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Burton Rascoe (1892–1957)

Author of The Joys of Reading; Life`s Greatest Pleasure

Includes the names: Rascoe Burton, Ed. Burton Rascoe

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Burton Rascoe was an early 20th century American literary critic, journalist, editor, and author. He was born Arthur Burton Rascoe in Fulton, Kentucky on October 22, 1892, the son of Matthew Lafayette and Elizabeth (Burton) Rascoe. Along with his brothers Henry and George, Rascoe grew up in Shawnee, Oklahoma, where his literary proclivities manifested early on as a reporter for the Shawnee Herald at the age of fourteen. In 1911, he left to attend the University of Chicago, where he quickly secured the position of campus correspondent for the Chicago Tribune. After two years of study, Rascoe left the University of Chicago to work for the Tribune full-time as assistant city editor and special assignment reporter. During his tenure there, Rascoe worked "for the recognition of contemporary American writers--Sherwood Anderson, Dreiser, Carl Sandburg, Henry Blake Fuller, H.L. Mencken, James Branch Cabell, and many others--he made controversy his business. He attacked these writers' enemies, exhorted his readers to read their works, and even--when he could get away with it--printed their work for pay," (Hensley, page 24). He also contributed articles to the Bookman, Dial, the English Journal, the Freeman, New Republic, Smart Set, and the Wave. As a critic in Chicago, he "conducted sizzling rows with his critical contemporaries on the other journals, suavely insulted the most popular writers of the day so that they wrote furious replies, which he printed with delight, and generally pepped up the culture of the community ... in short, he raised a great deal of hell in Chicago and his influence is still felt" (Starret, page 6). In 1920, after having become literary and drama editor, Rascoe was dismissed from the Tribune because "they got fed up with the independence of [his] opinions and point of view," (Rascoe, document fragment, box 16, folder 21).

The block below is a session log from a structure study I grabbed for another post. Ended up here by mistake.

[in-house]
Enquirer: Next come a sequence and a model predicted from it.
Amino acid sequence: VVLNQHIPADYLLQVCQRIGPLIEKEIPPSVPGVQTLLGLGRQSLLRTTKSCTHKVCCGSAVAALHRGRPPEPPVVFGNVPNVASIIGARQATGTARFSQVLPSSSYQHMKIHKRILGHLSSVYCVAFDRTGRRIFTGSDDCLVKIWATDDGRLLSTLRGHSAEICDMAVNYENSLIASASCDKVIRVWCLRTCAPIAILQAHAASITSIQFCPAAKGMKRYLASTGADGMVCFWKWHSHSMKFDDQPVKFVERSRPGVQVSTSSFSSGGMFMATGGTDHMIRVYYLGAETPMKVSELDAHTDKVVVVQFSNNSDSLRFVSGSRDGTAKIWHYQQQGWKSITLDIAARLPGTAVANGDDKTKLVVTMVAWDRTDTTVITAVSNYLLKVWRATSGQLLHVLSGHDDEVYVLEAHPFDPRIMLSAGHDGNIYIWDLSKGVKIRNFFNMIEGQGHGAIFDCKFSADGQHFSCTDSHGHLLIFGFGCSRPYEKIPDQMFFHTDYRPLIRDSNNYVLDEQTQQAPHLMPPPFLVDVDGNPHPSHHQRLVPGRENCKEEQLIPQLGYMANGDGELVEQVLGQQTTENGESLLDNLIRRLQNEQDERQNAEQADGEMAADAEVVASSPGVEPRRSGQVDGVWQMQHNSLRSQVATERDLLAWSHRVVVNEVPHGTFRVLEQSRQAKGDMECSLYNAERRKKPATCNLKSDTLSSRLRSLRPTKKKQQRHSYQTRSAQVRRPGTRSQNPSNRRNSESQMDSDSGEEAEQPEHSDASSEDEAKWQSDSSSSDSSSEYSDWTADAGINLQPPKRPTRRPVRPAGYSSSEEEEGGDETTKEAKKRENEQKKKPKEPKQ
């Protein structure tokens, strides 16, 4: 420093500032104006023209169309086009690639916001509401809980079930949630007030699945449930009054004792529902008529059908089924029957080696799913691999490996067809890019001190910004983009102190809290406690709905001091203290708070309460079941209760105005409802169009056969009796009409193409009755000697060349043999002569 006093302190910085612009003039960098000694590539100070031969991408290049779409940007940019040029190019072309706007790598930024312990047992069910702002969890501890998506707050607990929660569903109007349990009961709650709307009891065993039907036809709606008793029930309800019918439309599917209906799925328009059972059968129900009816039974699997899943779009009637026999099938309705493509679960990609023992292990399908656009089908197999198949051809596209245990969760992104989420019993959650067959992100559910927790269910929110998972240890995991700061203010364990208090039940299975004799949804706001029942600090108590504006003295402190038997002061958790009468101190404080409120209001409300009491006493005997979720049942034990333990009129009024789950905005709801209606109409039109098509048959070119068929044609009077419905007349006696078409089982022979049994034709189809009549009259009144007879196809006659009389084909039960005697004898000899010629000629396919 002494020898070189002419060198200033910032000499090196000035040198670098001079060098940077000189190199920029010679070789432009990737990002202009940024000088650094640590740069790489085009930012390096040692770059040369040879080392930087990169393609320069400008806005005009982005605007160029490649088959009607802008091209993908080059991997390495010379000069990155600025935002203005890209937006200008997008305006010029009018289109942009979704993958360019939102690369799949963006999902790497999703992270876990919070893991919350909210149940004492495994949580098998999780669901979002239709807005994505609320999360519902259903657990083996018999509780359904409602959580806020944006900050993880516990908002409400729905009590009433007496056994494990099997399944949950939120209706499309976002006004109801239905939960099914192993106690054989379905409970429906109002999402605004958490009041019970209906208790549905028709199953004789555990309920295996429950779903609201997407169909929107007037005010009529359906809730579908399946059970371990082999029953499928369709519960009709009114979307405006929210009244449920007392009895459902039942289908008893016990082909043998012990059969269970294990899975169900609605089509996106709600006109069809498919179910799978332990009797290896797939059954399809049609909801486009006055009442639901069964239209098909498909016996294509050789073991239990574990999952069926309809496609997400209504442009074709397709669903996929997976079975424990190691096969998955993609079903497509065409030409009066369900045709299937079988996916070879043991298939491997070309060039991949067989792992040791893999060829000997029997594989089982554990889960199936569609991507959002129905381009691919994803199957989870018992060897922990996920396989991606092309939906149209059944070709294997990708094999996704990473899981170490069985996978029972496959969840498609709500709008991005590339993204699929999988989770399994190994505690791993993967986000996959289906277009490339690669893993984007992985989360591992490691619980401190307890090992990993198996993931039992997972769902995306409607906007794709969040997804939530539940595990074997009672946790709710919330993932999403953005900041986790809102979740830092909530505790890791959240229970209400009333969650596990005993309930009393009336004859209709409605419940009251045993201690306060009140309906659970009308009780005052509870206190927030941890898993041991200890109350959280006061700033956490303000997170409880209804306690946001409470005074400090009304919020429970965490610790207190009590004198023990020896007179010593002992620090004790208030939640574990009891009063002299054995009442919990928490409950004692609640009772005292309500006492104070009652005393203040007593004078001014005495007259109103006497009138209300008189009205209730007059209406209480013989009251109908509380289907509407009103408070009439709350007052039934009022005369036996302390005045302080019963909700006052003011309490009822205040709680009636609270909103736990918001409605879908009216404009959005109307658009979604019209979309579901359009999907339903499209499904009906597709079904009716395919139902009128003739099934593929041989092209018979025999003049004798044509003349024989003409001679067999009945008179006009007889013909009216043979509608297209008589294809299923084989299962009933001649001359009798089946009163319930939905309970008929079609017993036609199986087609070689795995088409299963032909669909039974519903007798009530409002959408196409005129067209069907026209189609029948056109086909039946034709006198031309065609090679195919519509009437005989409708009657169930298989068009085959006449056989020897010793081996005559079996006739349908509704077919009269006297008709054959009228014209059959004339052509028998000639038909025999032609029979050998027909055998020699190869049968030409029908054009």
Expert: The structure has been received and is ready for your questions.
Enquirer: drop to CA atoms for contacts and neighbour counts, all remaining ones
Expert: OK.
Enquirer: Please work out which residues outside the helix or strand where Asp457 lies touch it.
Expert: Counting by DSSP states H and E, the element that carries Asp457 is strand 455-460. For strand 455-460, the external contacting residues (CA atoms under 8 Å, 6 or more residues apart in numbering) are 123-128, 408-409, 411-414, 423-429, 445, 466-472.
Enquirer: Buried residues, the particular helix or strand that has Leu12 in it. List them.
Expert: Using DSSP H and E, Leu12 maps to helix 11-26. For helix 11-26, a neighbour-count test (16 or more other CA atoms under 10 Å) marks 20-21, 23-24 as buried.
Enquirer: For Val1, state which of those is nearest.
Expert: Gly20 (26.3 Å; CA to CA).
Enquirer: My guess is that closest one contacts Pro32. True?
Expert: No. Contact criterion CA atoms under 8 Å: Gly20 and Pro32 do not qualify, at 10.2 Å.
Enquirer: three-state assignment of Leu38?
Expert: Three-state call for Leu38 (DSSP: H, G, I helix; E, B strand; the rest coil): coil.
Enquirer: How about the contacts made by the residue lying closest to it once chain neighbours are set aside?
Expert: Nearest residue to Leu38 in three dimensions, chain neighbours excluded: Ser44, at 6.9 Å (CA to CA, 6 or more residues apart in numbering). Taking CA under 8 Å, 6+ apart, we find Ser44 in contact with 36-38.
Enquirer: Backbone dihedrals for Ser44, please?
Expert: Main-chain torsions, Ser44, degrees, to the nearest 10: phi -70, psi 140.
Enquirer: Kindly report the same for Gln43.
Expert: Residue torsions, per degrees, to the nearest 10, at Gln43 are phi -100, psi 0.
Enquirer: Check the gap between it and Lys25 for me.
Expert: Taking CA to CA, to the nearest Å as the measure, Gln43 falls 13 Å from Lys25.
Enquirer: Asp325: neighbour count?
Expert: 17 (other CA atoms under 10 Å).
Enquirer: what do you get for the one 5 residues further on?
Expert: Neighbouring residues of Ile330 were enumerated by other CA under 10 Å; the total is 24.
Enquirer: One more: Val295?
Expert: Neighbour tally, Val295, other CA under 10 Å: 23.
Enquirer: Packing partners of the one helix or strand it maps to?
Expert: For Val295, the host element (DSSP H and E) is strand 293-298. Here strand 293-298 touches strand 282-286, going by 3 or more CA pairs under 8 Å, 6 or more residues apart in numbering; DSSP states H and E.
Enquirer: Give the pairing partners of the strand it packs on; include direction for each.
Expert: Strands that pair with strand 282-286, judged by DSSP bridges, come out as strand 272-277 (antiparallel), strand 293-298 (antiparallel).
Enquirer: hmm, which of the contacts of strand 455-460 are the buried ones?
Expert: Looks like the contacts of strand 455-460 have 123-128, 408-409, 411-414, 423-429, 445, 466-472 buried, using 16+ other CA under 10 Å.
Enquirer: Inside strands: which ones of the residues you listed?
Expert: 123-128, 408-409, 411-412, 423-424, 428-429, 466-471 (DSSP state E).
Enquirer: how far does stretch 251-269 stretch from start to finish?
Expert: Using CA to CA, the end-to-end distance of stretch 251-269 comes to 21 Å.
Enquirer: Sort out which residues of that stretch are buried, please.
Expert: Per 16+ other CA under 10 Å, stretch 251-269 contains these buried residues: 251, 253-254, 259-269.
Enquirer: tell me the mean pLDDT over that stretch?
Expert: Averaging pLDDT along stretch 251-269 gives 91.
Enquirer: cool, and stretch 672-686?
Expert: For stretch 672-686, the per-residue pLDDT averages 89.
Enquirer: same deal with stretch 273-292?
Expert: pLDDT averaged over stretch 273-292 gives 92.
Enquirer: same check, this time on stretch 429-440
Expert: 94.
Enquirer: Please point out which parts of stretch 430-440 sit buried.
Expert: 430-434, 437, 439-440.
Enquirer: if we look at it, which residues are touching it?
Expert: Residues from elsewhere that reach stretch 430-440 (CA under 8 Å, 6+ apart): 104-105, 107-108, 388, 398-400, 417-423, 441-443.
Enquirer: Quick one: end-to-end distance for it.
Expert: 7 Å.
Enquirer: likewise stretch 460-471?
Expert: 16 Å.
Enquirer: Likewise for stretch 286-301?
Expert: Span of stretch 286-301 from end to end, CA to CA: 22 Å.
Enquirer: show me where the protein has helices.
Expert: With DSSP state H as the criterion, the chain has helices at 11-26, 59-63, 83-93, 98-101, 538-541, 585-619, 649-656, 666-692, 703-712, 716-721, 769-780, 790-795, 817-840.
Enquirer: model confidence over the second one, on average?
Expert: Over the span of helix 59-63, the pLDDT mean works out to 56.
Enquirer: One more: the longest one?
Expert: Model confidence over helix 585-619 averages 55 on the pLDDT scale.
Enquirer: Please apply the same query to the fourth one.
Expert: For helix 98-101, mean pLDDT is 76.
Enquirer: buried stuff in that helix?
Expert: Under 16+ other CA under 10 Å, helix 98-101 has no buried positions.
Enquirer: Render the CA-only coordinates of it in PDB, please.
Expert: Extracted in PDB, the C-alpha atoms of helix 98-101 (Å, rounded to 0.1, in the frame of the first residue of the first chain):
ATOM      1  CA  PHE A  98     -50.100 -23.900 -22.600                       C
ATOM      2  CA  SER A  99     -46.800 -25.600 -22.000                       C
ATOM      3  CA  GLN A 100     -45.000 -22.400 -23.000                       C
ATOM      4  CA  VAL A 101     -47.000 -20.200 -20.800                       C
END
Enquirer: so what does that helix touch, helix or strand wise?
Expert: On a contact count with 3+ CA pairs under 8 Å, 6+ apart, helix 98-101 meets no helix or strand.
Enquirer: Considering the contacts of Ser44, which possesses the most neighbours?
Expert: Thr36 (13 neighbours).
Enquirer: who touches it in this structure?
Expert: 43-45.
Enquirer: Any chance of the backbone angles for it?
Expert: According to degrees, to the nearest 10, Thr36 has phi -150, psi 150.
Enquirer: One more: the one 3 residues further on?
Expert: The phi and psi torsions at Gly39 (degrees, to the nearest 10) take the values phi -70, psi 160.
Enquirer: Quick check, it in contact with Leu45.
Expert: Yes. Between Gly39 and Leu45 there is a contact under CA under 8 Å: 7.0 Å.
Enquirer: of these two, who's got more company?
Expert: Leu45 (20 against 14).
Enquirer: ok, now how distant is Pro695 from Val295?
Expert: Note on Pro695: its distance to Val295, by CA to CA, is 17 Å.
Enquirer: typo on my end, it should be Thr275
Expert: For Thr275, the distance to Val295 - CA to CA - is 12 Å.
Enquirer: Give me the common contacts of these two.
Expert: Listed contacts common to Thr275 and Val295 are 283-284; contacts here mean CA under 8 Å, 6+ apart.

In 1920, Rascoe and his family (wife, Hazel, and children, Arthur Burton and Ruth Helen) moved to New York where Rascoe took a job at McCall's as associate editor. Only a year later, Rascoe became the editor of the New York Tribune, where he ran his popular "A Bookman’s Day Book" series, diary-like articles relating to the literary goings-on of the day. In 1924, the Tribune acquired the New York Herald to become the New York Herald-Tribune and Rascoe was laid off.

He continued to write "A Bookman's Daybook" which appeared in more than 400 newspapers across the county and wrote a weekly column called "The Book of the Week," as well as contributing to a wide variety of publications including Arts and Decorations, the D.A.C. News and Vanity Fair, to name only a few. He worked as editor of The Bookman from 1927 to 1928, as a member of the editorial board of the Literary Guild of America from 1928 to 1937, and as editor of Plain Talk from 1929 to 1930. The 1930s saw Rascoe become editor for Esquire from 1932 to 1938, one of his longer tenures after his time at the Chicago Tribune; editorial advisor at Doubleday, Doran & Co. from 1934 to 1937; literary critic for Newsweek from 1938 to 1939; and critic at American Mercury (starting in 1938).